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A new report from an influential quango looking into the idea of satnav speed governors for cars has come out in favour of such plans. The Commission for Integrated Transport (CfIT), working with the Motorists' Forum, believes that useful safety gains and some carbon-emissions savings could be achieved by the use of the devices.

The joint report, now available online (pdf), investigates the use of different kinds of navigation and speed-limiting gear. It would be quite possible to build an "advisory" system, for instance, which would audibly or visually warn a driver when he or she was exceeding the local speed limit.

Active systems, by contrast, would actually have control over the accelerator, in much the same way that speed governors on heavy trucks already do - in this case preventing a car from getting above the local limit as determined by satnav. Under some proposals, intervention systems could be overridden at will by the driver; or their input could be mandatory.

According to the joint study, carried out by the Institute for Transport Studies at the University of Leeds, the case for speed governing kit is clear-cut.

Carbon emissions savings would be slim but definitely present, resulting mainly from the reduction in people driving faster than 70mph on major roads. There would be appreciable fuel savings to motorists, apparently, owing to better efficiency gained by not going so fast on motorways and dual carriageways and less vigorous acceleration in stop/start driving. The researchers weren't sure, but they thought there could be some improvement in journey-time consistency, as seen in camera-enforced lowered speed limits schemes.

The main benefit, according to the report's authors, would come in the form of fewer accidents - particularly the most dangerous/fatal collisions and crashes. They said that 100 per cent adoption of mandatory speed governors would cut injury crashes by 29 per cent, with associated reductions in insurance premiums, traffic delays and public costs. Much of the benefit would be seen on 30mph roads, with many of the lives saved being those of pedestrians and cyclists.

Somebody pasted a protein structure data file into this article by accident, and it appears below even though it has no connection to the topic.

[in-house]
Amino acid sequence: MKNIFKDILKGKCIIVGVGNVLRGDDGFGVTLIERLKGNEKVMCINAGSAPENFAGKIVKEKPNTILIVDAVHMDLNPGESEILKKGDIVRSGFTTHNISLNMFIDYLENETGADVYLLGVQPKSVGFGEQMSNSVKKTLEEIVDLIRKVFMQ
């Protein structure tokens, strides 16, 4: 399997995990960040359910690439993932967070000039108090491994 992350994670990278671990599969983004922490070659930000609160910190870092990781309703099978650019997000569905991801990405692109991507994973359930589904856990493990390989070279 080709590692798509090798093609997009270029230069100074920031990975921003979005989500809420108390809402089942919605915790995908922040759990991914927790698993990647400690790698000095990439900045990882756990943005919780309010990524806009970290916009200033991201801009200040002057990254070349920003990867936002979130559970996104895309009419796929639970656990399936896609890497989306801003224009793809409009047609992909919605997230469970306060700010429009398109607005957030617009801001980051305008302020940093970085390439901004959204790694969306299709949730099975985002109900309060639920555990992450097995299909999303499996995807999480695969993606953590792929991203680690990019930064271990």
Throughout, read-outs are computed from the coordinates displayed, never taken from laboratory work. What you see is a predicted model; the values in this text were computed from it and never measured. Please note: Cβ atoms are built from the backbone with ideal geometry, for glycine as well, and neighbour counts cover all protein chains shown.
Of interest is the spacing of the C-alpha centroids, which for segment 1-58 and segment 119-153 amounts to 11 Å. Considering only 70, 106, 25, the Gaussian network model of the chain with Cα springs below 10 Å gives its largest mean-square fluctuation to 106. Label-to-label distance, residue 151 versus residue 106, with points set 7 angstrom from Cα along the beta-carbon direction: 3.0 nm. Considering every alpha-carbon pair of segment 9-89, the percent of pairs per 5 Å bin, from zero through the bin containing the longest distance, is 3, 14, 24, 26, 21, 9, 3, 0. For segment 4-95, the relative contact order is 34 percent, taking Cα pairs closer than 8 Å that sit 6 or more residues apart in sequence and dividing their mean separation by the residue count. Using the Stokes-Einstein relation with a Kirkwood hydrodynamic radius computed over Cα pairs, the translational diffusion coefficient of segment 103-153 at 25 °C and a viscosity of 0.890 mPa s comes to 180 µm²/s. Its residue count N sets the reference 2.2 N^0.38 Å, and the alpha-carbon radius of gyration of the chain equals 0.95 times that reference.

The study says that motorists would benefit overall, with the extra cost of the governing kit more than paid back - largely in the form of reduced insurance premiums, but also in fuel savings. Government costs (regulating, inspecting etc) would also be recouped.

According to the CfIT statement:

We wish to make it clear that we are not recommending compulsory fitment or usage ...

However, we believe that the potential reductions in injury accidents that could be saved (at 100% penetration, overridable equipment would reduce the number of injury accidents by 12% and mandatory equipment by 29%) means that serious consideration should be given to the voluntary introduction of this technology.

The two bodies called for a further public debate, and seemed to suggest that speed-governor gear could soon become a standard option on most vehicles. Fleet owners (a few of whom already use it) would choose it for the fuel and safety benefits. Private owners might, in future, find that a car with overridable governors would win them a small insurance discount and one with mandatory kit a more substantial saving.

There were those opposed to the idea. Anti-speedcam group Safe Speed, which believes that "present policy is making the roads more dangerous" - flatly contradicting the CfIT report, which says they are safer than ever before - was sceptical about the benefits of governor technology, casting doubt on its performance in heavy good vehicles.

Claire Armstrong of Safe Speed told the BBC that truckers equipped with speed governors had gone into "zombie mode" on several occasions.

"That makes it highly dangerous in those scenarios. So you've taken the responsibility away from the driver and that is not [good] for road safety."

One point not raised in the report was that of privacy, records and so on. There would be no need for a satnav designed as a speed governor to keep any log of the vehicle's location or speed, but there could naturally be a temptation to combine such equipment with road-pricing or toll-enforcement capabilities. This would open up a privacy and surveillance issue.

The debate continues. ®

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